‘Citizen Scientists’ Fuel Jersey City Tree Mapping Project
The nonprofit Sustainable Jersey City (SJC) has released the results of its first Tree Mapping Census season. While the census was launched in response to a worrisome statistic—a 6 percent decline in the city’s tree canopy since 2015—the success of the campaign, especially the significant volunteer turnout it inspired, is an encouraging sign for the ecological future of the city.
The campaign has mapped more than 5,000 trees and 800 empty tree-planting sites in neighborhoods across Jersey City. The results, available on SJC’s pilot platform, OpenTreeMap, provide summary and granular views of tree data, along with the urban tree canopy’s annual financial benefits to the city. SJC plans to use the data to effect legislative change and to make their platform available to other municipalities to help map and protect their tree canopies.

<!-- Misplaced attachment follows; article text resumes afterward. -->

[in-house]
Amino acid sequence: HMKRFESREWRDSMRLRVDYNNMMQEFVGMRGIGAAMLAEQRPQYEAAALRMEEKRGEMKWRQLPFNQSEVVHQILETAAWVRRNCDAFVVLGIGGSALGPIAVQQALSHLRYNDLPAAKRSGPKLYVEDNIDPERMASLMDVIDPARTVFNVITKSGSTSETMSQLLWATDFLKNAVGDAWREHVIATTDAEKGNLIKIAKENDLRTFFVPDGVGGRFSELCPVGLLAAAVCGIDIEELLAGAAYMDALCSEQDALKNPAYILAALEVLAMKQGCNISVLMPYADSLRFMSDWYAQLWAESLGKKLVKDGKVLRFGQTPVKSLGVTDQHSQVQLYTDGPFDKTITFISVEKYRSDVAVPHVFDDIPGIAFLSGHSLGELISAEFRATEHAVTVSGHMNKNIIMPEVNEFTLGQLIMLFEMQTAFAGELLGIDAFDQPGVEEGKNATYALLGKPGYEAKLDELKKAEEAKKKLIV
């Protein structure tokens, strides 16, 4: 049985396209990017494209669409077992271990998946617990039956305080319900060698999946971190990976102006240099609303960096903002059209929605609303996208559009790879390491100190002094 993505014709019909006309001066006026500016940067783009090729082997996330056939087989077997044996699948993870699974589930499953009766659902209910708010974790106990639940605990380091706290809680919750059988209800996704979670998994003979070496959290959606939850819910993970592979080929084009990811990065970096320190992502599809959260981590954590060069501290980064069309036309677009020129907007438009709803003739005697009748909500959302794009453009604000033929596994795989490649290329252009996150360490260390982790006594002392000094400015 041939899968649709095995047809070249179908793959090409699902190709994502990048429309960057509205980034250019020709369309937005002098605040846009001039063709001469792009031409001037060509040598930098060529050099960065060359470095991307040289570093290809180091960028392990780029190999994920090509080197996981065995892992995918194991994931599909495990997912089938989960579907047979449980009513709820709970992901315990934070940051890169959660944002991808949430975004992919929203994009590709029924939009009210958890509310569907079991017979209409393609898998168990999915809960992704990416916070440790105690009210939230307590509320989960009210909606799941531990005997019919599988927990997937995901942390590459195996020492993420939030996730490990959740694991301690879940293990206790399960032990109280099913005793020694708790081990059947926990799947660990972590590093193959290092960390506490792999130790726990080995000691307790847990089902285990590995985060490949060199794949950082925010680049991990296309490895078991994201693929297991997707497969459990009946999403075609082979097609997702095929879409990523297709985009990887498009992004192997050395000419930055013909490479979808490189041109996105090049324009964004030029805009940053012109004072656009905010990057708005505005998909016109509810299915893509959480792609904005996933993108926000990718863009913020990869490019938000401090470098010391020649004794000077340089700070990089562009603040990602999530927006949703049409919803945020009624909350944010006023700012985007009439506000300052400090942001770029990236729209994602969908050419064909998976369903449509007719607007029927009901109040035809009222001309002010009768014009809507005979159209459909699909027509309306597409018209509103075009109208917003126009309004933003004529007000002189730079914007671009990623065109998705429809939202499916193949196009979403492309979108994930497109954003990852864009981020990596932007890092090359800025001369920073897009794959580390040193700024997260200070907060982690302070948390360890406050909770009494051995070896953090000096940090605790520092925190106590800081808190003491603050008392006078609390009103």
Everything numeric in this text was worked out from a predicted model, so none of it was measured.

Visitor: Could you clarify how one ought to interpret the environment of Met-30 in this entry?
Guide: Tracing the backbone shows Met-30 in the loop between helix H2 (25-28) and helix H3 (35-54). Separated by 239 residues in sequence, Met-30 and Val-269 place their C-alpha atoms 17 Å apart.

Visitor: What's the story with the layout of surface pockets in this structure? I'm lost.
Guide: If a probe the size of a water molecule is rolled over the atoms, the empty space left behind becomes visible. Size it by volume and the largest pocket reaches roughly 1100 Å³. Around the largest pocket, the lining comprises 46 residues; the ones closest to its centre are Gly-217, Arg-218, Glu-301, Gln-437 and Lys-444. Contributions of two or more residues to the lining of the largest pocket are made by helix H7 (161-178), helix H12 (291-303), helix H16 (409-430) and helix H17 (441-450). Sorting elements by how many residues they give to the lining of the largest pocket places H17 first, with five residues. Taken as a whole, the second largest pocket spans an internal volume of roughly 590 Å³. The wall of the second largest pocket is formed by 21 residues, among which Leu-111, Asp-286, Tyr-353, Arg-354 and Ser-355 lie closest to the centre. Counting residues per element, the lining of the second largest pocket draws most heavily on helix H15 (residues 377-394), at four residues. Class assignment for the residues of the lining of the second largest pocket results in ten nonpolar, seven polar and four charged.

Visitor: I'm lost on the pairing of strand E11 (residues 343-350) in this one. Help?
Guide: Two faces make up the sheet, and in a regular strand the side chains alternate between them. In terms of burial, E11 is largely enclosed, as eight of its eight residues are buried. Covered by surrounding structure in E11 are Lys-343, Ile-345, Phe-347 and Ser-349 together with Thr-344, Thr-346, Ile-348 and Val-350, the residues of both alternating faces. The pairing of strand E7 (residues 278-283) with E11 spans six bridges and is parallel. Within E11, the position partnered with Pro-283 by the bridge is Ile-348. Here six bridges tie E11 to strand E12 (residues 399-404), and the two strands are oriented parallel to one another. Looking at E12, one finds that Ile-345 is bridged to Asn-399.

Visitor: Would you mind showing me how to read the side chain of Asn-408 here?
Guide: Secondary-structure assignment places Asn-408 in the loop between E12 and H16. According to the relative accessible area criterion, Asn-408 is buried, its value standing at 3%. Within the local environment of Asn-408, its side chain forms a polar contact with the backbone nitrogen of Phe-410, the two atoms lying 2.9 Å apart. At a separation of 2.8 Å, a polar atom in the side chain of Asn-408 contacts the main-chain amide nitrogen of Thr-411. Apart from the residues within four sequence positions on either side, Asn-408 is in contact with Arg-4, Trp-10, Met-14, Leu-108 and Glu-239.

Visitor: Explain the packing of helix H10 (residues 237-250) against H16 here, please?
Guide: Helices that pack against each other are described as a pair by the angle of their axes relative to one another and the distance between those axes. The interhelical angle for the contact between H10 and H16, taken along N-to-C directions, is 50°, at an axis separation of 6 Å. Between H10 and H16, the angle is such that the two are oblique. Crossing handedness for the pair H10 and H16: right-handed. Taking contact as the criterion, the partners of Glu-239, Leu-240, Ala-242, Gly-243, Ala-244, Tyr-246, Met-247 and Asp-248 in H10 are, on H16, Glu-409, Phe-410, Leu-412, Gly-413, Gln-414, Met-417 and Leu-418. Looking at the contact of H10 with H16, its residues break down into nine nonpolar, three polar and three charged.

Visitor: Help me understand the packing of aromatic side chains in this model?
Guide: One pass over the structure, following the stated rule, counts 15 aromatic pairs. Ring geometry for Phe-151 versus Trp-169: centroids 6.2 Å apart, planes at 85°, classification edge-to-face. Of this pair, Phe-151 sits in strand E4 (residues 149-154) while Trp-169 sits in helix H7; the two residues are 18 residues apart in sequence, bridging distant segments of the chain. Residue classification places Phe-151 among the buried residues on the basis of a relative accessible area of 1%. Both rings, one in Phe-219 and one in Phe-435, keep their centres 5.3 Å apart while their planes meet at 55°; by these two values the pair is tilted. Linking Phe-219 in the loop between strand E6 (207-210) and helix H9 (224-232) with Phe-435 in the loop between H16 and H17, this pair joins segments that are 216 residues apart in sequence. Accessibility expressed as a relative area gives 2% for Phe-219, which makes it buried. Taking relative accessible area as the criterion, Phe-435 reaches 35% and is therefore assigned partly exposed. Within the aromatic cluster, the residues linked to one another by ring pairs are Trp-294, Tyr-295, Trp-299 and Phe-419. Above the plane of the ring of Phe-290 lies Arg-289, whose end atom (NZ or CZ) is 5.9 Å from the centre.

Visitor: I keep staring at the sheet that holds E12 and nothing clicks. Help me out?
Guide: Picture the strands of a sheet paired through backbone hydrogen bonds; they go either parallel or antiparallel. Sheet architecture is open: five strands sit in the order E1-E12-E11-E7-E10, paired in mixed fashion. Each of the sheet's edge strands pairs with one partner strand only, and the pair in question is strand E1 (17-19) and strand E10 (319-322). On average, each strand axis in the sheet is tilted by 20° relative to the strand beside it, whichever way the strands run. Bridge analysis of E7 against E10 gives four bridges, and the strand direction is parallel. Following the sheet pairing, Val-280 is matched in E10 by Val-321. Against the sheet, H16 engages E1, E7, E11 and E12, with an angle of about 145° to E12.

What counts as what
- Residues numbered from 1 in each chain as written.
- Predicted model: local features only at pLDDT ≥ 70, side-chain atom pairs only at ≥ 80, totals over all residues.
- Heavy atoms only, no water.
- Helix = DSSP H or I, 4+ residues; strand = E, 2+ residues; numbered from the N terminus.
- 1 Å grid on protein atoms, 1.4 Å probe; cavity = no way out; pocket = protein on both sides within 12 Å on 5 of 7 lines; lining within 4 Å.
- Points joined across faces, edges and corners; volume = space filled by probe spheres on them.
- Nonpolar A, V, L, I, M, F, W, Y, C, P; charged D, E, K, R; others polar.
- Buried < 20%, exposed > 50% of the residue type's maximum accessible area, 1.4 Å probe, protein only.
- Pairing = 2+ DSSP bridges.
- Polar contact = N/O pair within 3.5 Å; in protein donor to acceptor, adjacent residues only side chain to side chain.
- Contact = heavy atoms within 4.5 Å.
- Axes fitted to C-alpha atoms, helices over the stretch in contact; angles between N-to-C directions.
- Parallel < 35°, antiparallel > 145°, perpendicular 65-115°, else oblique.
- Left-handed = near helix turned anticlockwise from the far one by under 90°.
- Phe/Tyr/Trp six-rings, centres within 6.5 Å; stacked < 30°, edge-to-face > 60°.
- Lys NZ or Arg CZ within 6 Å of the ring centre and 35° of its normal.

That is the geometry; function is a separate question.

The program is headed by 22 volunteer neighborhood captains, who have mentored and led 300 volunteer citizen-scientists to collect tree data for all 35 Jersey City neighborhoods, and across six wards, in one of the largest volunteer-led efforts of its kind.
“I’m grateful for the response we’ve received to our tree-mapping efforts. Our neighborhood captains have really been cheerleaders for our campaign, and our citizen-scientist tree mappers have already mapped over 5,000 trees so far. We’re all enthusiastic about restoring Jersey City’s urban tree canopy,” says Erika Bruce, who’s leading the tree-mapping program.
The campaign, “We Can’t Manage What We Don’t Measure!” was launched in response to the findings of the Jersey City 2015-2020 Tree Canopy Report, commissioned by SJC. The report found that the canopy had deteriorated by more than 6 percent since the 2015 Jersey City Tree Canopy Assessment, and now reflected a mere 10.9 percent canopy cover for the city.
Anyone can sign up to map their neighborhood trees on the SJC Tree Mapping Census Registry. For more information, visit SustainableJC.org.